Anyway, Shantideva is finally speaking to me through Chodron’s words.  In particular, I loved her words on how bodhicitta is like a great fire, burning away all negative tendencies.  She says, “Ordinarily we buy into our negative habits, acting them out or turning hem against ourselves.”  In may own case, the idea that we take those negative thoughts and actions and turn them against our own best heart is so much of my own tendency.  Her language really captured my attention and helped me redirect my thoughts.  Rather than acting out or repressing these negative energies, we stand in the fire and allow the pain to connect to those around us.

The fact is, experiencing the pain of negative thoughts and emotions is, actually, a KEY to making the connection to bodhicitta.  What a profound and wonderful way to look at it all.

Evidence-Based Living

The complexity of living by research and a constant stream of information is overwhelming.  We are bombarded by advocates for one approach to living or another.  There are moments in which I am stymied with the massive amount of information I am given.  Which story is accurate?  Is coconut oil the silent killer?  Can I really consume 60% of my diet in fat and be healthy?  If I meditate one hour a day, I will remain calm and at peace all day long.  Which author is revealing some truth?  It is so challenging to figure out which way to go in terms of living a healthy, happy life.

A Healthy Life is Just 30 Days Away!

On my path to be physically and mentally healthy, I’ve run across so many statements about changing your life.  In fact, after a review of information about the Whole30 diet, almost every web site made this claim: “let us change your life!” or “change your life in 30 days!” or “your best life now!”  From the Whole30 Program web page, “millions of people have successfully completed our Whole30 program with stunning, life-changing results.” Wow. Stunning! Life-Changing! The claims of personal satisfaction and transformation were alarming and hopeful.whole30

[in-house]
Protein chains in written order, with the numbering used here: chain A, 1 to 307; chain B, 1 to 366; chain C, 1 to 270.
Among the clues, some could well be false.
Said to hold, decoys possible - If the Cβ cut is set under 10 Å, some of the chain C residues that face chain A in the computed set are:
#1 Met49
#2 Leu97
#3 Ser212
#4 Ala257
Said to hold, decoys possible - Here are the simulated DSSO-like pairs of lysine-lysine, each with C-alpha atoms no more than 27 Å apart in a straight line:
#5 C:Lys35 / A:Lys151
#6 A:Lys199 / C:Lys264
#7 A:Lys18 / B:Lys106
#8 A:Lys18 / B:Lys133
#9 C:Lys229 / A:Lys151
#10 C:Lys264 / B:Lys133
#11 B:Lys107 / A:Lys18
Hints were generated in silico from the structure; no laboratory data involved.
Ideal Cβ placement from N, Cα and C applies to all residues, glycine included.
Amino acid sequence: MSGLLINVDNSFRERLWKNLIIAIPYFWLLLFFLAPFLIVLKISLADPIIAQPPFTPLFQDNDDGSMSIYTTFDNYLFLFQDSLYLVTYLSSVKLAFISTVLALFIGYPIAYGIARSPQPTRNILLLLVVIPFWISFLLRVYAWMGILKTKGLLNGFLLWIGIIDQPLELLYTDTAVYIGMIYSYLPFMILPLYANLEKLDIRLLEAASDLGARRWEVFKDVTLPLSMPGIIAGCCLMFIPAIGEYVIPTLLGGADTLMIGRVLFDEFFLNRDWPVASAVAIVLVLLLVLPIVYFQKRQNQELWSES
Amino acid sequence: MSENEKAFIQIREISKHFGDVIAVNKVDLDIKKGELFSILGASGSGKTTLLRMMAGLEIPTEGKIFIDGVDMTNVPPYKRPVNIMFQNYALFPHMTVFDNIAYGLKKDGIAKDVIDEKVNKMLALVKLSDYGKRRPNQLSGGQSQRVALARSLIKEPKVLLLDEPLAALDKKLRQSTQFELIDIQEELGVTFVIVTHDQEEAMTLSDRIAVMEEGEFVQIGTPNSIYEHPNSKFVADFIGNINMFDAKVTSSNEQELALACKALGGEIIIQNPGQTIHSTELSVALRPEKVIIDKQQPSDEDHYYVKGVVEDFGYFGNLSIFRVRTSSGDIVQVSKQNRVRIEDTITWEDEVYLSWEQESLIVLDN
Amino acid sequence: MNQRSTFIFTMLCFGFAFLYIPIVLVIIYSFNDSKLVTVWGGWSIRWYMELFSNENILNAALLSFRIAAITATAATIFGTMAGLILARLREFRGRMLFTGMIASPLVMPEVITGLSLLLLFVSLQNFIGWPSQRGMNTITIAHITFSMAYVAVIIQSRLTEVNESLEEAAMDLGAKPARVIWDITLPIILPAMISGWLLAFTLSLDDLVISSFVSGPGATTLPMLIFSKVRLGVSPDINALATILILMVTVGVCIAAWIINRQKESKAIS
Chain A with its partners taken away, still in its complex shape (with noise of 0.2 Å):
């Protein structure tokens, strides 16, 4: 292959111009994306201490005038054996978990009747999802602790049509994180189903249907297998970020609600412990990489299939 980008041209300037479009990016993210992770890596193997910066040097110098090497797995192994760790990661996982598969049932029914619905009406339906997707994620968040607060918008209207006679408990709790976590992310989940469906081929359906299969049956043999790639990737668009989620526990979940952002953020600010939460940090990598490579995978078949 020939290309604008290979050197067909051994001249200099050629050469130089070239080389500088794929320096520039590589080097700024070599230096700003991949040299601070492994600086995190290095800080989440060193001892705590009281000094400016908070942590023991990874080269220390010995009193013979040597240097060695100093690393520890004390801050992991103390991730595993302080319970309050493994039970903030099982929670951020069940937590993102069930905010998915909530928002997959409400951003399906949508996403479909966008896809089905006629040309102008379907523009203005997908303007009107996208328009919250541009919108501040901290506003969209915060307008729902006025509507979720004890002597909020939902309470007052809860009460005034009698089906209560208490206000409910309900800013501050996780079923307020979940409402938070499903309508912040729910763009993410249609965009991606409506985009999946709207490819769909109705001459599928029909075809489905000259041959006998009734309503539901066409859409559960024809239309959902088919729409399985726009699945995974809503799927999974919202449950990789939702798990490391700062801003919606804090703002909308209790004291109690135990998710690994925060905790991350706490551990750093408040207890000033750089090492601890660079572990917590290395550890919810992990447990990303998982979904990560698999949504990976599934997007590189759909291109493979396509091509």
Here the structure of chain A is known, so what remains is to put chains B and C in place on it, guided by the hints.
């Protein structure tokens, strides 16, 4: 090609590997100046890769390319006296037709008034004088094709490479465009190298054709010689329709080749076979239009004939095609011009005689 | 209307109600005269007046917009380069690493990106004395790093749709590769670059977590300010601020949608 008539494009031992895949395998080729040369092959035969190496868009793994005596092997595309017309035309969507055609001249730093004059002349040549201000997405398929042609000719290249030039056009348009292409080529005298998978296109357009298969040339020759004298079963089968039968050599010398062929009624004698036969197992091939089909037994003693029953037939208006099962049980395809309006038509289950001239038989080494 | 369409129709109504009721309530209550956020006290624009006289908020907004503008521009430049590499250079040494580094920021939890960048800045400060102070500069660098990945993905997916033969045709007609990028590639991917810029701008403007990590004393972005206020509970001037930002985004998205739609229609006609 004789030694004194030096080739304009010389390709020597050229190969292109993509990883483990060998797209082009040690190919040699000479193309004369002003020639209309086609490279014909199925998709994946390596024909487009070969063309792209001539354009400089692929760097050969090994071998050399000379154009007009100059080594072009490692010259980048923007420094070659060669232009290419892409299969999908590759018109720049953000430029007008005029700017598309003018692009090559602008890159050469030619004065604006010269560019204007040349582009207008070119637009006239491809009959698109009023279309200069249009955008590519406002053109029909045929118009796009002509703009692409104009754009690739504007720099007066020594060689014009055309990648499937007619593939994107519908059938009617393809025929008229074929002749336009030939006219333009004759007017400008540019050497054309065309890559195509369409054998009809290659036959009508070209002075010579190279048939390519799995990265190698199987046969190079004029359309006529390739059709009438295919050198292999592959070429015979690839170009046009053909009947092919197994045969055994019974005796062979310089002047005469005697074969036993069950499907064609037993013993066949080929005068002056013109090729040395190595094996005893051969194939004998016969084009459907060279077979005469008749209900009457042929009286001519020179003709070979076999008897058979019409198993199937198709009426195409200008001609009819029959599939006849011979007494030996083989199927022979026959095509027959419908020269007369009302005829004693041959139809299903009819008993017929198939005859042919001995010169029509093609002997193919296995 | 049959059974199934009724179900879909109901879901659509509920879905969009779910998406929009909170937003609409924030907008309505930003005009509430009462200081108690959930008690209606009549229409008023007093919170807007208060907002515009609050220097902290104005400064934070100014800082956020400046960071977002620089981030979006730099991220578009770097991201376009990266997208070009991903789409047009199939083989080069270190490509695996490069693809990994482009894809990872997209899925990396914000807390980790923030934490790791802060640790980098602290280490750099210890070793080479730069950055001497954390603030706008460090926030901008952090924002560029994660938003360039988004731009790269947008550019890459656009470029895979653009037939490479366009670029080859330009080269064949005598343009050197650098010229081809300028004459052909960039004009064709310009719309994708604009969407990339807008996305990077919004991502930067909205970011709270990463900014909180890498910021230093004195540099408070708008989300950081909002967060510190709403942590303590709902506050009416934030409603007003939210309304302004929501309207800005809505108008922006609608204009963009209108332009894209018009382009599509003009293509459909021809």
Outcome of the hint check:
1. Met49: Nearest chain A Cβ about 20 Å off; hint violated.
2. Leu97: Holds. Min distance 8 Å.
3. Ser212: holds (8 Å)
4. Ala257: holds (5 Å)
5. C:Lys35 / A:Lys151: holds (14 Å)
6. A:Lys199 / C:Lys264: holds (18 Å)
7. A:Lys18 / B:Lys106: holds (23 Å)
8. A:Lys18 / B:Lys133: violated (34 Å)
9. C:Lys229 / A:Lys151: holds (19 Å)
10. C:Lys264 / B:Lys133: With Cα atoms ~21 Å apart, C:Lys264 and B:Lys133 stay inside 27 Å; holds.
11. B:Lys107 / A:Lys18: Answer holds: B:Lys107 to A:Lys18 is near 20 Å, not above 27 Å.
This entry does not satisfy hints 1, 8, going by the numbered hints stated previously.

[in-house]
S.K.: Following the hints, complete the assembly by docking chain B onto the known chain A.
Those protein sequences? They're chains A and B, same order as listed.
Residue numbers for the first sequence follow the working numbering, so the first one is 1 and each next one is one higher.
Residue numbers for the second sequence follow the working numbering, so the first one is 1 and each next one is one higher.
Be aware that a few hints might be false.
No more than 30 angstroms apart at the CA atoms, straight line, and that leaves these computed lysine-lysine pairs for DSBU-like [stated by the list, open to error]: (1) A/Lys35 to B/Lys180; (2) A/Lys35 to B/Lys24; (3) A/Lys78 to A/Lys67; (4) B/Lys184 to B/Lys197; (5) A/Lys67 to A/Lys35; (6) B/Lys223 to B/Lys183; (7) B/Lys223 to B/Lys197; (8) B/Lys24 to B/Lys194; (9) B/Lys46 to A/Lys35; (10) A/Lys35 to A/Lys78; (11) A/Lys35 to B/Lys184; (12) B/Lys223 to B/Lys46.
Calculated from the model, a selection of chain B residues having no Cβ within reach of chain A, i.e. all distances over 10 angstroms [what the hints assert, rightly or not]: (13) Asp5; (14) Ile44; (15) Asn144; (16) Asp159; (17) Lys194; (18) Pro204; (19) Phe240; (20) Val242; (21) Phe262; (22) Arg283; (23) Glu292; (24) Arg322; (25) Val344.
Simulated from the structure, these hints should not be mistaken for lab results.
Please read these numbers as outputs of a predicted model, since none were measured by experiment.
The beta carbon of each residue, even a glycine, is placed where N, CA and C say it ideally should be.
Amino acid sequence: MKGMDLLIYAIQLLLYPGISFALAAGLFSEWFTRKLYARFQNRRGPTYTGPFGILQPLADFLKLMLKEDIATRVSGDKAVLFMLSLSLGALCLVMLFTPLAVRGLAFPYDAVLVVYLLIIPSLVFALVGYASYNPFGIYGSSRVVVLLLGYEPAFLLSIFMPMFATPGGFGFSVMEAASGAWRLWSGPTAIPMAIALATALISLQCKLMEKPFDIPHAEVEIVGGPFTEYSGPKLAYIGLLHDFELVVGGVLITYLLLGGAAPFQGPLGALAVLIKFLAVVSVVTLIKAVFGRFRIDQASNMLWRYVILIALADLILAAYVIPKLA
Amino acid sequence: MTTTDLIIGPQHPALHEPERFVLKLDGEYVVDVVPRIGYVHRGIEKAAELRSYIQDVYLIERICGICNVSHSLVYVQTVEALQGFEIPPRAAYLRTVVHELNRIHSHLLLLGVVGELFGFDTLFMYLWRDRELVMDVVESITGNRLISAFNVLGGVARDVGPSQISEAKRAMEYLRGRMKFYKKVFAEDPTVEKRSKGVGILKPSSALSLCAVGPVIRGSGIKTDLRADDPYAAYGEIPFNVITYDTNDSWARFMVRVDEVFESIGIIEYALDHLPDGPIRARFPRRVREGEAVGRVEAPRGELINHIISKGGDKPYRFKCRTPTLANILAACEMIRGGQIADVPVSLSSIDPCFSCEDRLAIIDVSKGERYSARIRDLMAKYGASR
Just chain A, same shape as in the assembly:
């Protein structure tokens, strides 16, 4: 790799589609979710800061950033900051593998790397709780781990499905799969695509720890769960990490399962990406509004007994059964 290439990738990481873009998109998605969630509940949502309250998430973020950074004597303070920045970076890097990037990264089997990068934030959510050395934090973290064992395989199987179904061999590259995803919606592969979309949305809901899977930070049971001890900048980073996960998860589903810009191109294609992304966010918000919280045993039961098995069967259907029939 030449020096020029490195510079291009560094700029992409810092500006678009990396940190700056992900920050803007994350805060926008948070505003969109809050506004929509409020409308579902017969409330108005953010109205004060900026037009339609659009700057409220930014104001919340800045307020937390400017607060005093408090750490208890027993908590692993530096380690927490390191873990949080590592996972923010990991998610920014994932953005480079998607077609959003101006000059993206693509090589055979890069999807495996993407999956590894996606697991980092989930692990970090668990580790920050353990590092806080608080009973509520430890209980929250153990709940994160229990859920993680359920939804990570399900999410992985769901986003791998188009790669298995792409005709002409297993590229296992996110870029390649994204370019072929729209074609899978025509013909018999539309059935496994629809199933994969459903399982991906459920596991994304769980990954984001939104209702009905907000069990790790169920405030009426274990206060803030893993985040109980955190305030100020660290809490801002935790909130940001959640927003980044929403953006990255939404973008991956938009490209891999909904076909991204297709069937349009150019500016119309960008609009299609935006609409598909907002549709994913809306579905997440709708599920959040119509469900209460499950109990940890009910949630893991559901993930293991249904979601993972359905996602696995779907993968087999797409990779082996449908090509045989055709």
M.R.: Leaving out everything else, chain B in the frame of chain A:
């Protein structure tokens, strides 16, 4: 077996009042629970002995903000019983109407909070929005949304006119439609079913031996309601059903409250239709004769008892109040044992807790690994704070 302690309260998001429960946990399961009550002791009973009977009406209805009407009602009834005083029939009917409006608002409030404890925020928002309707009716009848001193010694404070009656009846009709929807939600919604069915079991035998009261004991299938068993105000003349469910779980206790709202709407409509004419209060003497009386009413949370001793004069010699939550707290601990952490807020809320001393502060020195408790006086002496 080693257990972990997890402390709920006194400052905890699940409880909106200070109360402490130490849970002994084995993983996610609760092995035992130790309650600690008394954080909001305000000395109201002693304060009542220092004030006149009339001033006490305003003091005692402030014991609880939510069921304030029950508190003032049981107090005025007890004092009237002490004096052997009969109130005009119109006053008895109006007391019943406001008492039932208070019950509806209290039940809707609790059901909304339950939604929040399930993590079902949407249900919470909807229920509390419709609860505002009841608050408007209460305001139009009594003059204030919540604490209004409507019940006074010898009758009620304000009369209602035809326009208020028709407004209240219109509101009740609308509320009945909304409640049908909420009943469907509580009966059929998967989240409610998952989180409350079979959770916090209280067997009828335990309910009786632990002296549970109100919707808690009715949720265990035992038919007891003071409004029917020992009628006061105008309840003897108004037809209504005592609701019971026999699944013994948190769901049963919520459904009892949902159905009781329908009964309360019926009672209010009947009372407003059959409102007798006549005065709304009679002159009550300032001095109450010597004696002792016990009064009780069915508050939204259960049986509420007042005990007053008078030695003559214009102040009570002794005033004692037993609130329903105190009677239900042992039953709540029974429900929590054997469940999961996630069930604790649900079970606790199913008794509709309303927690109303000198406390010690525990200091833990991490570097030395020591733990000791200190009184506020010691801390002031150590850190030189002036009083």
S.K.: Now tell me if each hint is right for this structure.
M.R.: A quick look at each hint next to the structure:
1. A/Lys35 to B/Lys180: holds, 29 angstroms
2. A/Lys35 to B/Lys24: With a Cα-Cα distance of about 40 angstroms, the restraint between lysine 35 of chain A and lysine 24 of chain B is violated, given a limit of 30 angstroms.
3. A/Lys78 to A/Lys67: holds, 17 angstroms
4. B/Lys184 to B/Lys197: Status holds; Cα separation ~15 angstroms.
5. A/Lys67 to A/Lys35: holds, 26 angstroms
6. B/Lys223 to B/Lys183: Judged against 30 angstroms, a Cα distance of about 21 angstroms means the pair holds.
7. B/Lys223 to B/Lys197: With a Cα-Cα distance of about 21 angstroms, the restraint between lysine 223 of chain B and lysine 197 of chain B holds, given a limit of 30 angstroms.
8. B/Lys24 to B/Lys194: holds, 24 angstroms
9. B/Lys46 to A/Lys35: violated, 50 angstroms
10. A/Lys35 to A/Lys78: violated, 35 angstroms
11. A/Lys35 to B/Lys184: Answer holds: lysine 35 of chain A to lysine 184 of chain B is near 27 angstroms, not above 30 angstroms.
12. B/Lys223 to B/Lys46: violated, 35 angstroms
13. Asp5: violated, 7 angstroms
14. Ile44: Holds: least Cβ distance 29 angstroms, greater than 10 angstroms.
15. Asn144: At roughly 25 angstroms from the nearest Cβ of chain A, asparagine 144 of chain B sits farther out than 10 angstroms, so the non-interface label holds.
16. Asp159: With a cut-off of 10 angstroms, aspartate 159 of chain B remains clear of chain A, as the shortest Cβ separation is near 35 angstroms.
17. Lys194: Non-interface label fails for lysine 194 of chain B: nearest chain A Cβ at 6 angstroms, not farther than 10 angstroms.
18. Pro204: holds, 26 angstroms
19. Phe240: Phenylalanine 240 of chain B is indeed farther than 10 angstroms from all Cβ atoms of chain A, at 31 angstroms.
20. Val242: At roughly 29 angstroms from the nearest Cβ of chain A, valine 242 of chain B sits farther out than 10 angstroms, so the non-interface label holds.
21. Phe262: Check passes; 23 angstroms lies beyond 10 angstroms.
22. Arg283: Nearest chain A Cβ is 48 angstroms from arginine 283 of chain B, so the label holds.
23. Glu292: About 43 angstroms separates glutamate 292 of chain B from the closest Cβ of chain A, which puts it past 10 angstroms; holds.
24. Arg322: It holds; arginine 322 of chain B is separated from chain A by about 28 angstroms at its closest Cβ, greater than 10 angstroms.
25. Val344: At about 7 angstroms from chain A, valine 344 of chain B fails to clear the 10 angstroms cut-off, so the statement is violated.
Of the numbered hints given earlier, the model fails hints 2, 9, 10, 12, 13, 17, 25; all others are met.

Yet that healthy life, you know the one, where your children are always happy, your partner oozes with gratitude and support, and your body and mind are at one in union as you all flow on the path together.  Yea THAT life.  Does not exist.

Evidence-based living brings us to evidence-based anxiety and frustration.  Writers offer contradictory approaches to diet, exercise, medicine, mental health, and just about everything else under the sun.  WHAT is a person to do in the midst of it all??

The thing is, it’s hard NOT to feel like a failure at everything.  In this world crowded with mantras of how you need to do this thing or that thing, how the only way to good health, eating, marriage, relationships, kindness, wholeness is to follow THIS approach!   Truthfully, it’s all a kind of madness.  I’ve come to the conclusion that all of the noise is trying to drown out one internal scream: the of the fear of death.  That soundless scream is the thing that drives us to ruin; personal ruin or otherwise.  As I make choices that are clearly against my best interests, whether it’s food or whatever, I’m running as fast as I can away from the truth of my existence: that I am dying and will die.

So, the ads claiming vitality, a better sexual experience, or finding the perfect mate are all distractions from the fact that whatever you choose distracts you from the inevitable.

Now, this diatribe is not a message of depression or a nihilistic view of the world.  It’s the fact of impermanence.  Everything changes and will change constantly.  One moment life will be a glorious, joyful moment…the next a failed experiment in living.  On my recent trip to the Grand Canyon (not so much a trip as a quick visit via Flagstaff), I experienced impermanence as it happened: the light moving across the canyon, the vistas slowly disappearing in shadow as the light of the sun descended over the horizon.